Remember really gluggy rice? Yes, those were the days. Certainly in Australia, our parents and grandparents mostly did not know how to cook rice. Well-cooked rice makes a meal, and poorly cooked rice spoils it. It took me a long time to be able to cook rice consistently well. Like my mother, I would put rice into buckets of boiling water, cook it rapidly, strain it when done and then hope for the best. Sound familiar?
These days, rice cookers take any guess work out of the process, and they are great. But I still like the meditative art of the stovetop method when I have the time. It is not hard at all. At one time someone I worked with taught me this foolproof method – once you have mastered it you will never have gluggy rice again.
The method is most commonly called the absorption method. In this method, the precise amount of liquid is added to the rice – as a result there is no straining or having to add more water as the rice boils dry.
It is still a good idea to wash your rice before you cook it. Rinsing washes off loose starch, making the rice less sticky and removing any dust still resident on the grains.
Soaking your rice before cooking does give a better result. The reasons for soaking rice are to shorten the cooking time and to allow for maximum expansion of long-grain rice, particularly Basmati. If you want to soak, then 30 minutes is normal, but you can leave it for much longer if that is more convenient for you.
There are other methods for cooking rice. For example see Steamed Buttery Rice, and Simple Oven Finished Rice. You might also like to try Pepper Rice, South Indian Coconut Rice, Balinese Coconut Rice, Masala Lemon or Lime Rice, Tamarind Rice, or Urad Dal Garlic Rice. There are rice recipes here and here, and Winter recipes here and here.
For some reading, explore different kinds of rice.
Equipment and Water
You do need a good sized sturdy pot with a tight fitting lid for this method. The method traps the steam inside the pot, and this completes the cooking of the rice. The size of the pot allows the steam to accumulate above the rice, so don’t use one that will cramp the rice. Give it plenty of space. If your lid fits loosely, put a clean kitchen cloth between the lid and the pot. (Be sure to fold it over onto the pot so it doesn’t burn.) The cloth also absorbs the water that would normally condense on the inside of the lid and fall back down into the rice – you get a drier, fluffier rice.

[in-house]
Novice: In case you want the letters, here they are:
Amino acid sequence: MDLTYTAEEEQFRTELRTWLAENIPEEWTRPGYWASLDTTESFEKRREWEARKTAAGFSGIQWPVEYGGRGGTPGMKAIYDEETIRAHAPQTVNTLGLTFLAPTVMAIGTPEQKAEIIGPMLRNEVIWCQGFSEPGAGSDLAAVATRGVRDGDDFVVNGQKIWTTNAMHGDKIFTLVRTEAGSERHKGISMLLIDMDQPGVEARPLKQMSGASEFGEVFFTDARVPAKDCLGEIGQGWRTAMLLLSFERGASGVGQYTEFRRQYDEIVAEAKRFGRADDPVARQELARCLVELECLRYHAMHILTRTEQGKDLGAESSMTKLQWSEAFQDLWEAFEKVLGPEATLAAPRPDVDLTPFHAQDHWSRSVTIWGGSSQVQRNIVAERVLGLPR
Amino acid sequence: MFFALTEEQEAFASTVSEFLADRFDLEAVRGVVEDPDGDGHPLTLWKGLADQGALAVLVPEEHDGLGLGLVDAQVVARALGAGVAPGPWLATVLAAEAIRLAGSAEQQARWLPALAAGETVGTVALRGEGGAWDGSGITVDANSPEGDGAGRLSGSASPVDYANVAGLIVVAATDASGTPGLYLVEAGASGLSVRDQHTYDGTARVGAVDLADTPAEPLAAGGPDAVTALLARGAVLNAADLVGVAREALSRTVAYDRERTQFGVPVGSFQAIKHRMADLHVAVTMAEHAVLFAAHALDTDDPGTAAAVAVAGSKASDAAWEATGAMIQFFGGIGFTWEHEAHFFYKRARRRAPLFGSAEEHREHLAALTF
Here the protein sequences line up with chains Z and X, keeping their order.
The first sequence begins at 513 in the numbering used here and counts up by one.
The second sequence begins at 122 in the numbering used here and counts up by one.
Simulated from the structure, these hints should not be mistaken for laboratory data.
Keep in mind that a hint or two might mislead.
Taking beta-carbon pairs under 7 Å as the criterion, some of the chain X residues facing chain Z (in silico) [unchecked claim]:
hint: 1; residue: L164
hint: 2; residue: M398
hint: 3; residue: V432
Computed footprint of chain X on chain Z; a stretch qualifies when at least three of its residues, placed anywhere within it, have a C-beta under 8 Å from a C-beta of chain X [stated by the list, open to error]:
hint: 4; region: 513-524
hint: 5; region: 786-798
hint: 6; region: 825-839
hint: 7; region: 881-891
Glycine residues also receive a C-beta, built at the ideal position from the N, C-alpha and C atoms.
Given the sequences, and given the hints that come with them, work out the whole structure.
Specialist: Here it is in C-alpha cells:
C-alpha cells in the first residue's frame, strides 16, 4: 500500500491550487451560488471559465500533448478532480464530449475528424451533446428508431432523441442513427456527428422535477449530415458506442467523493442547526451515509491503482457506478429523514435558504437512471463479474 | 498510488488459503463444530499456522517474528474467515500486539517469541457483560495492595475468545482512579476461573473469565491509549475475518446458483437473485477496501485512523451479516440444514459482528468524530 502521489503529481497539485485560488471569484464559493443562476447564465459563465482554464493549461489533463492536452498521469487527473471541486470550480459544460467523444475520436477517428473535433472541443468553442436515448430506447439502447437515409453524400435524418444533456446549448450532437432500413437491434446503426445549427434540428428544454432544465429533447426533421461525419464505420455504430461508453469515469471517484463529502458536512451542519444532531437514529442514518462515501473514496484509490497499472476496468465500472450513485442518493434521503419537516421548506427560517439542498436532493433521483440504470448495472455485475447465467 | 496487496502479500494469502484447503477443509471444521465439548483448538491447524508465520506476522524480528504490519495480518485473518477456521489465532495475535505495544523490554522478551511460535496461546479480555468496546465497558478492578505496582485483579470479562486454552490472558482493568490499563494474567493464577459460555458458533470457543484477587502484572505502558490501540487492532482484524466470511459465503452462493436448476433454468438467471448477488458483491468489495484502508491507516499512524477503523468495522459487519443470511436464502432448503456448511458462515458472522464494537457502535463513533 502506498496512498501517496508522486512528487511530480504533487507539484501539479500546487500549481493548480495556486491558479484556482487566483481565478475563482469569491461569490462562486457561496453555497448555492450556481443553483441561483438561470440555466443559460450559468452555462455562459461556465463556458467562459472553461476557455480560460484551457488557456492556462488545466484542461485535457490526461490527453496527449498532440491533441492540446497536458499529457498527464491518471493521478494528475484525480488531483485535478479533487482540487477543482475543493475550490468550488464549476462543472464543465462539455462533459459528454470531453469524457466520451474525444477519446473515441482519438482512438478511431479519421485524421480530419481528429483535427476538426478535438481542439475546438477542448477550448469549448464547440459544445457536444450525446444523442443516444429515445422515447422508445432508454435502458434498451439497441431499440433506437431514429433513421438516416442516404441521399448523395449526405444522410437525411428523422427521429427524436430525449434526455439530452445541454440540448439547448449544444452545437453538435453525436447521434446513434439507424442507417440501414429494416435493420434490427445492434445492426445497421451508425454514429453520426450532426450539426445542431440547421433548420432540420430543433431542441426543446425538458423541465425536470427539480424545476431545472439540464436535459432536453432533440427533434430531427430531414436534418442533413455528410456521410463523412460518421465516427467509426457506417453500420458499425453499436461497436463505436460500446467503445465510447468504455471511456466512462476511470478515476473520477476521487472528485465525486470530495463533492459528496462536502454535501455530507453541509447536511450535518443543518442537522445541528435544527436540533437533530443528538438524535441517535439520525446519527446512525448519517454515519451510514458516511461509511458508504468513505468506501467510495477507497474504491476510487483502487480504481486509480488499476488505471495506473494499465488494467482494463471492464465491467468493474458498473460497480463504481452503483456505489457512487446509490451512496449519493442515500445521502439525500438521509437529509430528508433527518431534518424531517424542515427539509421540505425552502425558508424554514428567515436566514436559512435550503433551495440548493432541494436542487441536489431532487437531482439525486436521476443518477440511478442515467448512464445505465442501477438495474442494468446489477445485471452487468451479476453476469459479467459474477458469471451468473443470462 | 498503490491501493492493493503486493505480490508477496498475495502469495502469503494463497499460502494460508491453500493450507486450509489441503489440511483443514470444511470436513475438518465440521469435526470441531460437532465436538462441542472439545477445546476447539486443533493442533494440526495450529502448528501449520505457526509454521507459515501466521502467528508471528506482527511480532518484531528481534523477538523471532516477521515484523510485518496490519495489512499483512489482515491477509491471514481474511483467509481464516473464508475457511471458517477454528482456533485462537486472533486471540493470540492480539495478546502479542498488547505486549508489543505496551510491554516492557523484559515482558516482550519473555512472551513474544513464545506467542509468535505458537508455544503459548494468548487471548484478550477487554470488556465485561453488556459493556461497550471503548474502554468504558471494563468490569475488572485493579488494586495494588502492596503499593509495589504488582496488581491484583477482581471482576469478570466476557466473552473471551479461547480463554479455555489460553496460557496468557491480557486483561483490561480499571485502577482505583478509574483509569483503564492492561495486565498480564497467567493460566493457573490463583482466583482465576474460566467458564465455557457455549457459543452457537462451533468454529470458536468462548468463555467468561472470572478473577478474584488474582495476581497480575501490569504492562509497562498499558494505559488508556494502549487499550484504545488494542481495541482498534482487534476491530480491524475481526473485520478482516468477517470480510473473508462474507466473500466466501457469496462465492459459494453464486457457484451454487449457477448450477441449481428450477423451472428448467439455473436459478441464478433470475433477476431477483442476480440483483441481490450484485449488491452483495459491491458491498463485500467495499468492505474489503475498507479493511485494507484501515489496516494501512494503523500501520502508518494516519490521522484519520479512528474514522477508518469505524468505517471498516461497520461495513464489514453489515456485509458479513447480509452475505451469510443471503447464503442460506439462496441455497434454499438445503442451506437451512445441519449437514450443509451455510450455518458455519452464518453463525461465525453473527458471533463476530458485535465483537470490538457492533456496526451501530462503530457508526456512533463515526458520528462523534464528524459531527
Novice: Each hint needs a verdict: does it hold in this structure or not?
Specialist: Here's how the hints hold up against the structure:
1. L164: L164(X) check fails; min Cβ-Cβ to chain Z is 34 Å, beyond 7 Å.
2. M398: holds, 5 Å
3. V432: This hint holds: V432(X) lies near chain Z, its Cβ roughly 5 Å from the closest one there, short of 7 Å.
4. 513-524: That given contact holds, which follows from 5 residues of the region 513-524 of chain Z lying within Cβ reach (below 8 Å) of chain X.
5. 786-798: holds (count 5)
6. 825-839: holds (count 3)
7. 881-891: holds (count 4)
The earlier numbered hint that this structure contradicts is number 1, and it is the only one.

Different rices absorb different amounts of water. You will have to experiment a bit to find the right ratio of rice and water for the particular rice that you use. My basmati rice takes 1.75-2 times the amount of rice in water. You may find that your rice takes a little more or a little less.
Don’t forget that cooking rice in a rice cooker requires less water than cooking rice in a pot on the stove. Follow your rice cooker’s instructions if using a rice cooker.
Large, sturdy pan with tight fitting lid
1 cup rice
1 Tblspn oil or ghee
1.5 – 2 cups boiling water
Celtic sea salt
Different rices absorb different amounts of water. The rice packet will give you a guide. 1.5 cups is usually a good place to start, and play around with the amount of water until you find the right that you like best for the type of rice that you use.
For every cup of rice, add 1.5 to 2 cups of water (if the rice is washed and soaked first use 1.25 – 1.75 cups). In general, use the larger amount for long-grain rice, the lesser for medium and short. More water will give you softer, stickier rice—great for stir-fries. Less water will keep the grains more separate and result in firmer rice, a good style for rice salads and curries.
Put the water on to boil in your kettle.
Heat the oil or ghee in a saucepan that has a tight fitting lid. Add the rice and stir until it is glazed with the oil or ghee. It makes a nice cracking sound and takes about 1 minute. The oil helps to keep the grains separate.
Add the boiling water, quickly stir and add salt to taste.
Turn the heat to medium, place the lid on the pot and allow to cook for at least 5- 7 minutes. DO NOT LIFT THE LID FROM THE SAUCEPAN.
Turn the heat off but leave the pot on the stove. Let it sit undisturbed for at least 12 and up to 20 minutes. It won’t overcook, and sometimes you need the extra time to prepare the remainder of the meal.
Add 0.5 tspn turmeric powder to the rice before adding the water, to give a nicely flavoured, yellow rice.
After cooking stir through up to half a cup of lemon juice and some black poppy seeds that have been cracked (fried and allowed to pop) in some hot ghee. YUM.
Add some curry leaves while frying the rice (curry leaves need oil to release their flavour) for an added Indian note to the rice.
Add several strands of saffron to water for the rice as it comes to the boil.
browse some of the Rice recipes
- Balinese Coconut Rice
- Bengali Rice Kheer – Chaler Payesh
- Caramelised Pumpkin Risotto
- Go Spanish – Tomato Paella